Quite a few people have been linking to an article on The Verge with the inflammatory title The Mobile web sucks. In it, Nilay Patel heaps blame upon mobile browsers, Safari in particular:

But man, the web browsers on phones are terrible. They are an abomination of bad user experience, poor performance, and overall disdain for the open web that kicked off the modern tech revolution.

Les Orchard says what we’re all thinking in his detailed response The Verge’s web sucks:

Calling out browser makers for the performance of sites like his? That’s a bit much.

Nilay does acknowledge that the Verge could do better:

Now, I happen to work at a media company, and I happen to run a website that can be bloated and slow. Some of this is our fault: The Verge is ultra-complicated, we have huge images, and we serve ads from our own direct sales and a variety of programmatic networks.

But still, it sounds like the buck is being passed along. The performance issues are being treated as Somebody Else’s Problem …ad networks, trackers, etc.

The developers at Vox Media take a different, and in my opinion, more correct view. They’re declaring performance bankruptcy:

I mean, let’s cut to the chase here… our sites are friggin’ slow, okay!

But I worry about how they can possibly reconcile their desire for a faster website with a culture that accepts enormously bloated ads and trackers as the inevitable price of doing business on the web:

I’m hearing an awful lot of false dichotomies here: either you can have a performant website or you have a business model based on advertising. Here’s another false dichotomy:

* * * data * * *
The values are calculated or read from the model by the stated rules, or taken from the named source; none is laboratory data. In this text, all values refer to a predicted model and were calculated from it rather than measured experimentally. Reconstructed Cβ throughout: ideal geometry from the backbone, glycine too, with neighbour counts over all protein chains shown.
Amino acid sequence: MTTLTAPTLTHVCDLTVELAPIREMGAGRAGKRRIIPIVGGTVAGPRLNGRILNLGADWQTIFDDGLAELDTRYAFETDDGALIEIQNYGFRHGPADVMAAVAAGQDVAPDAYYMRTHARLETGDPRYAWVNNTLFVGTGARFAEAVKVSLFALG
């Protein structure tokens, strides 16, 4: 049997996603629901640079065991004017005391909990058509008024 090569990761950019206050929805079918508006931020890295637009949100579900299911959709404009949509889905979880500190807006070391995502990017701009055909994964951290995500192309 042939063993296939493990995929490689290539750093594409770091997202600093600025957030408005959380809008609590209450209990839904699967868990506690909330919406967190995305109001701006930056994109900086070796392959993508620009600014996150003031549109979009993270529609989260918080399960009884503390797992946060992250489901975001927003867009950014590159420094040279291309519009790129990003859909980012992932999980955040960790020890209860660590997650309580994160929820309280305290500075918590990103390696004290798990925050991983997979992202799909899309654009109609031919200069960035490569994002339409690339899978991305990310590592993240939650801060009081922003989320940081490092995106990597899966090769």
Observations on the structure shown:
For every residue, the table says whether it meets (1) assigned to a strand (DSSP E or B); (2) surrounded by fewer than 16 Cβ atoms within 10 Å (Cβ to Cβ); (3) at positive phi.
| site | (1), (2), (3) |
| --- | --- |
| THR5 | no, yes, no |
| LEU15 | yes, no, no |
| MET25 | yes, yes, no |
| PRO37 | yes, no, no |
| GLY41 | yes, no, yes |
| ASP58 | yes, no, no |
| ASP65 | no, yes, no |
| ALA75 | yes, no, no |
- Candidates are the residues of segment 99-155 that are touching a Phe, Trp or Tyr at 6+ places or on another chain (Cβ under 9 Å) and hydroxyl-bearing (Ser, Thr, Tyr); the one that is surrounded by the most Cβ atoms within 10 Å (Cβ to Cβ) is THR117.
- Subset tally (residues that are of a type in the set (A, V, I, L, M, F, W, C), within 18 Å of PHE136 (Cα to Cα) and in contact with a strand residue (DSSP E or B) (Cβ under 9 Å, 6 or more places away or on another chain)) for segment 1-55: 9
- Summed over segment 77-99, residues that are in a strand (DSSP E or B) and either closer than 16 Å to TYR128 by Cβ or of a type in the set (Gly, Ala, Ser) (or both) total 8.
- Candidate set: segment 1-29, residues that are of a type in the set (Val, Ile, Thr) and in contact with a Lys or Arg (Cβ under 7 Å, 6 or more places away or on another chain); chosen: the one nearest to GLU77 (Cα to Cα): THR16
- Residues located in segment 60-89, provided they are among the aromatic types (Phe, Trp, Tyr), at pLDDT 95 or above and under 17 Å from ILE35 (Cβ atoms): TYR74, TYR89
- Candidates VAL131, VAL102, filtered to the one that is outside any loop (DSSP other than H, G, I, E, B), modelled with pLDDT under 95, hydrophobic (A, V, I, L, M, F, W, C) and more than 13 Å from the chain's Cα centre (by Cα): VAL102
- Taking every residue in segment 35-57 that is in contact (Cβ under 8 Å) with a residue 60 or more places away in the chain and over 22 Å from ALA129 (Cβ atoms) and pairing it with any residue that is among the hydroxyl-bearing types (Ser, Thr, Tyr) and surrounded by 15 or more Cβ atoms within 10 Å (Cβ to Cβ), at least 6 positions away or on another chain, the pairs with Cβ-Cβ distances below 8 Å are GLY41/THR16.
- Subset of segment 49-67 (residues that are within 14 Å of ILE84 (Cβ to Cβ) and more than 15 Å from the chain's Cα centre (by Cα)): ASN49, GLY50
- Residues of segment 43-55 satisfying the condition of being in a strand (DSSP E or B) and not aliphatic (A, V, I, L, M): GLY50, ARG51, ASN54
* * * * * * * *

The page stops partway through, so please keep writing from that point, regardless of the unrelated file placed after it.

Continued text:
If the message coming down from above is that performance concerns and business concerns are fundamentally at odds, then I just don’t know how the developers are ever going to create a culture of performance (which is a real shame, because they sound like a great bunch). It’s a particularly bizarre false dichotomy to be foisting when you consider that all the evidence points to performance as being a key differentiator when it comes to making moolah.

It’s funny, but I take almost the opposite view that Nilay puts forth in his original article. Instead of thinking “Oh, why won’t these awful browsers improve to be better at delivering our websites?”, I tend to think “Oh, why won’t these awful websites improve to be better at taking advantage of our browsers?” After all, it doesn’t seem like that long ago that web browsers on mobile really were awful; incapable of rendering the “real” web, instead only able to deal with WAP.

As Maciej says in his magnificent presentation Web Design: The First 100 Years: